Merl Moore, Art Historian and Army Colonel

Long-time City of Falls Church resident and volunteer, Merl Marshall Moore, Jr., passed away on October 25, 2011. He was 87. Cause of death was respiratory failure and other complications after heart surgery.

Moore was president of the Village Preservation and Improvement Society, and board member and volunteer of Friends of Cherry Hill. He served as trustee of Dulin United Methodist Church for many years, church historian, and steward of the Dulin Memorial Garden where was interred privately on November 5, followed by a public memorial service.

Moore lived a life devoted to family, country and art history. Born in 1924 in Racine, Wisconsin, Moore had two distinguished back-to-back careers – 34 years each – and a loving marriage to Nancy Colden Lasher that lasted 58 years.

Merl Moore and his files, 2003

Merl and Nancy met in 1952 in New York City and were married in 1953 in Nancy’s family home in New Paltz, NY. Over the next seven years, they moved six times and had five children. Elizabeth was born in Germany, Derick in France, Charles in New Jersey, Magdalene in Taiwan and Sarah in Kansas. The next year, in 1962, the family moved to Falls Church and rented a house on Midvale Street. In 1968, Moore was posted to Ft. Lewis, Wash., and the family moved with him. In 1969, Moore was posted back to Washington, DC. The house on Midvale was for sale and Moore bought it. The family moved back, never to move again.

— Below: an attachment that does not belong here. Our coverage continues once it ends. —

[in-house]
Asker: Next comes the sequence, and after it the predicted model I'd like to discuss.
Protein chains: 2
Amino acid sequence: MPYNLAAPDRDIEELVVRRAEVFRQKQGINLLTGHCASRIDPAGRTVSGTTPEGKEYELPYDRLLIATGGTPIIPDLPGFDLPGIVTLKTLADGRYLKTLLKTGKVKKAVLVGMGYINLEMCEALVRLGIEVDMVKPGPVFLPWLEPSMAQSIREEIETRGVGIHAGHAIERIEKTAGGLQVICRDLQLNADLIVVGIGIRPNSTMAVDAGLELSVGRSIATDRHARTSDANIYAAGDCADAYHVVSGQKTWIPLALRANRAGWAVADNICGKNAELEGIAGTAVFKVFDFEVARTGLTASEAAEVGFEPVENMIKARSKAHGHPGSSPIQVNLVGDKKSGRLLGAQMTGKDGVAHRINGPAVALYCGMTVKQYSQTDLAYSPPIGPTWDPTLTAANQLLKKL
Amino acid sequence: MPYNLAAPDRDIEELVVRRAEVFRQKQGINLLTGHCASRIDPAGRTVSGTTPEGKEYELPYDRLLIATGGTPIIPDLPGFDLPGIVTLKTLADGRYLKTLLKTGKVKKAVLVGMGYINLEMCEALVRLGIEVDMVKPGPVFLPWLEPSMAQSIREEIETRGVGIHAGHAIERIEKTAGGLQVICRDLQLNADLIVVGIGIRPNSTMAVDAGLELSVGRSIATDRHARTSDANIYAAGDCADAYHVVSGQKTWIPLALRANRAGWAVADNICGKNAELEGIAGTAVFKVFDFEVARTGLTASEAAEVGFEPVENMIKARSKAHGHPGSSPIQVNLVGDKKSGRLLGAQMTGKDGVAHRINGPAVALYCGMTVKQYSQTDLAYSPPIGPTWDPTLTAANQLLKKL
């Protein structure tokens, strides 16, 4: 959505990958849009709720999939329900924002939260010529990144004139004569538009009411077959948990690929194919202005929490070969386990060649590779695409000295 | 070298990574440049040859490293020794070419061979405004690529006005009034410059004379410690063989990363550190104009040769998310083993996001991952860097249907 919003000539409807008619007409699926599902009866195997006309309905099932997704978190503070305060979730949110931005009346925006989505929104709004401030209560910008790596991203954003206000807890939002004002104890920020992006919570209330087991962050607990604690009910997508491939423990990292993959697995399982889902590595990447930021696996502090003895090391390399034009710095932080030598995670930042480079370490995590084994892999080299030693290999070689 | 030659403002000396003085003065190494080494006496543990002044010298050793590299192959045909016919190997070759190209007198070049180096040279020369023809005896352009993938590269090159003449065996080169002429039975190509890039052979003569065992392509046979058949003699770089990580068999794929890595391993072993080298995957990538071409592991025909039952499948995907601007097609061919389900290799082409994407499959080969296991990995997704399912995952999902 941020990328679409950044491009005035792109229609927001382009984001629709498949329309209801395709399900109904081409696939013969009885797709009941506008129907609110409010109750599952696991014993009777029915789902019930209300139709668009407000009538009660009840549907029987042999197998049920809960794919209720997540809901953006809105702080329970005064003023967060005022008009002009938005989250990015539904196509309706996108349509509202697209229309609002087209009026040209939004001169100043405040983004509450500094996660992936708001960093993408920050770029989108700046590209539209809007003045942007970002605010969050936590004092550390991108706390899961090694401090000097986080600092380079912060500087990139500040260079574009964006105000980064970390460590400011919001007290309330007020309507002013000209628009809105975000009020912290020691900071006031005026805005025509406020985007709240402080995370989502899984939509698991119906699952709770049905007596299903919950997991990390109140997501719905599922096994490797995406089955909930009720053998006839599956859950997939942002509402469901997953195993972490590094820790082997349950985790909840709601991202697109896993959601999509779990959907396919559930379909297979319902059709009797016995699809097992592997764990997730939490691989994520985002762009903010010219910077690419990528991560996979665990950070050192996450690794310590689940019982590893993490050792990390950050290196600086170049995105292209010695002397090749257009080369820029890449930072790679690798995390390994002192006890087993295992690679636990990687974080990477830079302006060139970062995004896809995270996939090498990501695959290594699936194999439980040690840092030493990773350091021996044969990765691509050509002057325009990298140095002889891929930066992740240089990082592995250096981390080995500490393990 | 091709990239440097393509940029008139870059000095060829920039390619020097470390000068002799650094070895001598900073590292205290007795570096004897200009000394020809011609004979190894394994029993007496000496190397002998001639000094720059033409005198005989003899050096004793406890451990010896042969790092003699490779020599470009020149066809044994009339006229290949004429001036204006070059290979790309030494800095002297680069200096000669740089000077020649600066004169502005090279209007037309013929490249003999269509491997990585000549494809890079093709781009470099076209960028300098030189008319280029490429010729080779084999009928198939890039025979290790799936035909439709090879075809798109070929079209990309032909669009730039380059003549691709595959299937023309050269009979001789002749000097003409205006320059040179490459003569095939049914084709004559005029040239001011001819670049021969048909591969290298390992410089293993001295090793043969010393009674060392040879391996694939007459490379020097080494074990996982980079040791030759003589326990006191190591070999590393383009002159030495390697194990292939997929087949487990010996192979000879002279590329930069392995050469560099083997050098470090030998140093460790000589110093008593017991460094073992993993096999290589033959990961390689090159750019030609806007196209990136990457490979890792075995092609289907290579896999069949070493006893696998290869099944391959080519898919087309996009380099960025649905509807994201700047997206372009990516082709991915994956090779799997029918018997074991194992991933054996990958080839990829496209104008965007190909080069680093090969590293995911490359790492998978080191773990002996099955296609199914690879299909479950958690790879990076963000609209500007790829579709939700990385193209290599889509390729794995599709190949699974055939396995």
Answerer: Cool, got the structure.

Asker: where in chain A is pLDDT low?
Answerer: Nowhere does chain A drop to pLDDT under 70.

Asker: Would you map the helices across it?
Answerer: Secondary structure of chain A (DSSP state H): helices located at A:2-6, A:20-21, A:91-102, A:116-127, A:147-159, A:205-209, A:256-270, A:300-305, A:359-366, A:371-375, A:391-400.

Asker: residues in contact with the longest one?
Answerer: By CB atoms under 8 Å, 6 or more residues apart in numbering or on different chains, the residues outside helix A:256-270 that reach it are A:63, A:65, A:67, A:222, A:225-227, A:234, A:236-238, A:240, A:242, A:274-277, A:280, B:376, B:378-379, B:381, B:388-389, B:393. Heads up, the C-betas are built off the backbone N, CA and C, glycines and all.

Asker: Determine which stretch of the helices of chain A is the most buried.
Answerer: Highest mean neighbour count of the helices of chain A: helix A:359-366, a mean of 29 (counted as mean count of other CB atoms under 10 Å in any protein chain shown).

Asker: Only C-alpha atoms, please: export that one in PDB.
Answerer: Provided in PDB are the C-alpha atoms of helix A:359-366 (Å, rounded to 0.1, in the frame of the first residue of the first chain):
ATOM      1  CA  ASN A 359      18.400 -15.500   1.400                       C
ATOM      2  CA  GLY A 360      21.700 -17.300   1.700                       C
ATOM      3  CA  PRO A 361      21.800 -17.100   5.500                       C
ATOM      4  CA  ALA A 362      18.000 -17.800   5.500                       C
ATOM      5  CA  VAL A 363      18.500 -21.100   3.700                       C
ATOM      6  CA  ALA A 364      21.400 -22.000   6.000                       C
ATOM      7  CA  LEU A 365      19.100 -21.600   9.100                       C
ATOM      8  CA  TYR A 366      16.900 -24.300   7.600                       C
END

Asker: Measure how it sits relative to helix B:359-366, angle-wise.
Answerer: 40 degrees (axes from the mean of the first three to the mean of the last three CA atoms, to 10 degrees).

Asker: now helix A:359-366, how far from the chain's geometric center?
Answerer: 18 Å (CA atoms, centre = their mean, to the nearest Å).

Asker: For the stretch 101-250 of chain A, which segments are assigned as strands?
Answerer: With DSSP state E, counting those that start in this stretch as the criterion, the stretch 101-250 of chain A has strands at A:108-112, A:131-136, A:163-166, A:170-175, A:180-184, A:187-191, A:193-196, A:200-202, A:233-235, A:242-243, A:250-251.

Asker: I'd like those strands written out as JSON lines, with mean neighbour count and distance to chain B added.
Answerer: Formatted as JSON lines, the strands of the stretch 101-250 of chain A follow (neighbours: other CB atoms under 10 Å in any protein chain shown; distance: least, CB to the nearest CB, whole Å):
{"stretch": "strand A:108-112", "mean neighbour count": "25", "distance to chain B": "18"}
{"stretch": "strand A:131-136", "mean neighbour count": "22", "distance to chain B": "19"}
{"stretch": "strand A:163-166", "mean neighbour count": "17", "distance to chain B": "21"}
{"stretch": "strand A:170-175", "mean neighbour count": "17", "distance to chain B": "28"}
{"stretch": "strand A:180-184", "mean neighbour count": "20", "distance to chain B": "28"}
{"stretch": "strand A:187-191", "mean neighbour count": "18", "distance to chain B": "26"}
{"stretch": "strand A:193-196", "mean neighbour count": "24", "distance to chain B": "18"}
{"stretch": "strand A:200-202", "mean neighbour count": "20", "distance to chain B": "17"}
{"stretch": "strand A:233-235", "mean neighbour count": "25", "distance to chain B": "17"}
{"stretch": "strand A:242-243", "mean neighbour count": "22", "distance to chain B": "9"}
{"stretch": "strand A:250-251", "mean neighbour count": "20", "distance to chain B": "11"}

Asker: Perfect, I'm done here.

Moore’s military career began in 1943 when he joined ROTC while attending St. Norbert College in Wisconsin. In 1948, Moore was a Distinguished Military Graduate of ROTC, became an officer in the U.S. Army Signal Corps. He served in three wars: WWII, Korea and Vietnam. Moore retired in 1977 at age 53 and was awarded the Legion of Merit.

The next day, Moore turned his attention full-time to his life-long passion for 19th Century American Art. While he had earned a BA in Art History from the University of Kentucky in 1949, and studied for a Masters from George Washington University in the 1970s, he was now free to build his files of original research about almost every artist of the period. From 1977 to 2011, Moore was a Research Collaborator & Visiting Scholar with SAAM, the Smithsonian American Art Museum.

In 2001, Moore donated his collection – 14 file cabinets totaling 64 drawers – to SAAM’s American Art / Portrait Gallery Library. In 2003, he was honored with a special event “Deep in the Heart of American Art: The Research Collection of Merl Moore… celebrating Moore’s 25 years with SAAM and the gift of his legendary files.”

Moore is survived by all 25 members of his family; his wife, five children, their spouses, 10 grandchildren, one grandson-in-law, and three great-grandchildren.

November 7, 2011 


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